There’s No Such Thing as a Healthy Tan
Or is it?
Edward H. Nessel, R.Ph, M.S., MPH, PharmD.
no such thing as a healthy tan. Recently, several public health
organizations have reported that malignant melanoma, the most deadly
type of skin cancer, is spreading in epidemic proportions throughout
our population. These reports have come from the American Cancer
Society, the American Dermatological Association, the Centers for
Disease Control, and the Skin Cancer Foundation. All of these
organizations have claimed with alarm that skin cancer is on the
rise. One of the most significant statistics is the increase of
occurrence in young adults. These concerns are particularly
important for many Masters swimmers, who spend a considerable amount
of time swimming in the sun. Fortunately, there are several simple
methods of protecting ourselves against overexposure to harmful
one time, malignant melanoma was a type of cancer that affected
aging adults who had spent many years in the sun. It was originally
thought to be purely the result of years and years of sun exposure.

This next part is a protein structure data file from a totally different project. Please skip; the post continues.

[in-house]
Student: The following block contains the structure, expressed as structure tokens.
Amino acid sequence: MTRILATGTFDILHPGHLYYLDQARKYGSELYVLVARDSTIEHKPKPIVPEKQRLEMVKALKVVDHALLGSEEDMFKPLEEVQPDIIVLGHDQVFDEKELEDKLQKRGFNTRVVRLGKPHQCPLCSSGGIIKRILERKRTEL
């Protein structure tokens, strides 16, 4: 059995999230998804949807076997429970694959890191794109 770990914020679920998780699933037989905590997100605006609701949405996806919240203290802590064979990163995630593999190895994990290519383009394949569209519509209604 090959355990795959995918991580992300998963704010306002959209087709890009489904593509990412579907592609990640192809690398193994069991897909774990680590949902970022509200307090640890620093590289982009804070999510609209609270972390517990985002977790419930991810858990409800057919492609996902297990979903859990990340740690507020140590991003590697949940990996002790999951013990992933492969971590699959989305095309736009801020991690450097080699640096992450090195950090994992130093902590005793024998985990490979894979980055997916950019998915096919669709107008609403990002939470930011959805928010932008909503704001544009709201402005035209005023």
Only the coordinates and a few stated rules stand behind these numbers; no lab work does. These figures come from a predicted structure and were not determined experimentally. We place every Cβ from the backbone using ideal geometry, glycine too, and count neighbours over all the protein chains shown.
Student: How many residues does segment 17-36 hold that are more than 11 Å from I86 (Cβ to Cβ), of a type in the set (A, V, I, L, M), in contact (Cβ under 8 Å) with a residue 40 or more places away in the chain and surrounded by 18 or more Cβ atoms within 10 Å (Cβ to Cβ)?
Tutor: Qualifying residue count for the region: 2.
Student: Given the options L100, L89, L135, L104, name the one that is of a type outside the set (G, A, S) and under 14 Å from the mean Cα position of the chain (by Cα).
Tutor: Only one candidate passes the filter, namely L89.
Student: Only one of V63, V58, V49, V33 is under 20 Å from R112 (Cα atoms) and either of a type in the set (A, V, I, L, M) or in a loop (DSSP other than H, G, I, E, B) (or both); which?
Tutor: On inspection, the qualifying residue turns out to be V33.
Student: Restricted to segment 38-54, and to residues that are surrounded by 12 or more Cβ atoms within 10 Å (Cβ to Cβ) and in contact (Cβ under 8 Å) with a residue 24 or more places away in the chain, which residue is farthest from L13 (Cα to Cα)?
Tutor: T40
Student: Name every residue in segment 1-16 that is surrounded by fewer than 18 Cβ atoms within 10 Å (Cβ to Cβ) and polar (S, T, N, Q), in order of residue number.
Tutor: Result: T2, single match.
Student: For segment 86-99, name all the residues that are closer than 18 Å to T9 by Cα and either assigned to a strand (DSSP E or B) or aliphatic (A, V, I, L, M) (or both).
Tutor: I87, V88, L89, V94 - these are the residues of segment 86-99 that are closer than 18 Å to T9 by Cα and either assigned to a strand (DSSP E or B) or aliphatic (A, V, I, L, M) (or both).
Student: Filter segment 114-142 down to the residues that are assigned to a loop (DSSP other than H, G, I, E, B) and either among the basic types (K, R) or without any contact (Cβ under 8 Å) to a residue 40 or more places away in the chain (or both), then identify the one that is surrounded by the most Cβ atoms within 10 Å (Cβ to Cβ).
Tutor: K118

Now it appears in the younger population. Increasing numbers of
fair-skinned, young adults are being diagnosed. Melanoma is often
one of the most unpredictable types of cancer. It has also been
known to spread to deadly proportions in the body in just a matter
of weeks. Today, early detection and treatment allow for a good
of us have heard reports about the declining ozone layer and its
decreasing ability to protect us from ultraviolet (UV) exposure.
What once caused the average person to get a sunburn with 60-90
minutes of midday exposure has been magnified to where 15-30 minutes
will do harm. Additionally, it is the repeated exposure that may
cause the most damage.
precautions can help. Apply a waterproof sunscreen with an SPF (sun
protection factor) of at least 15. The higher the number, the better
the protection up to a point. The sunscreen needs to be on the skin
for no less than 20 minutes before sun exposure to allow the active
ingredients to penetrate into the deep layers. The SPF number
theoretically gives a rough approximate number of "safe"
minutes allowed in the sun…if you normally burn in 15 minutes, an
SPF of 15 should then protect you for 15 times that number, or 225
minutes. But that is not what happens in the real world. Depending
on the sun’s position in the sky and time of year, the actual
amount of protection could be much less. No matter how good the SPF
in the sunscreen, after about 90 minutes, the amount of protection
is suspect. It is a good idea to reapply the lotion after swimming
and perspiring, and to only allow a maximum exposure of 90 minutes
at the sun‘s peak (10AM to 2PM). A new application does not
necessarily allow for a complete carefree re-exposure to the sun’s
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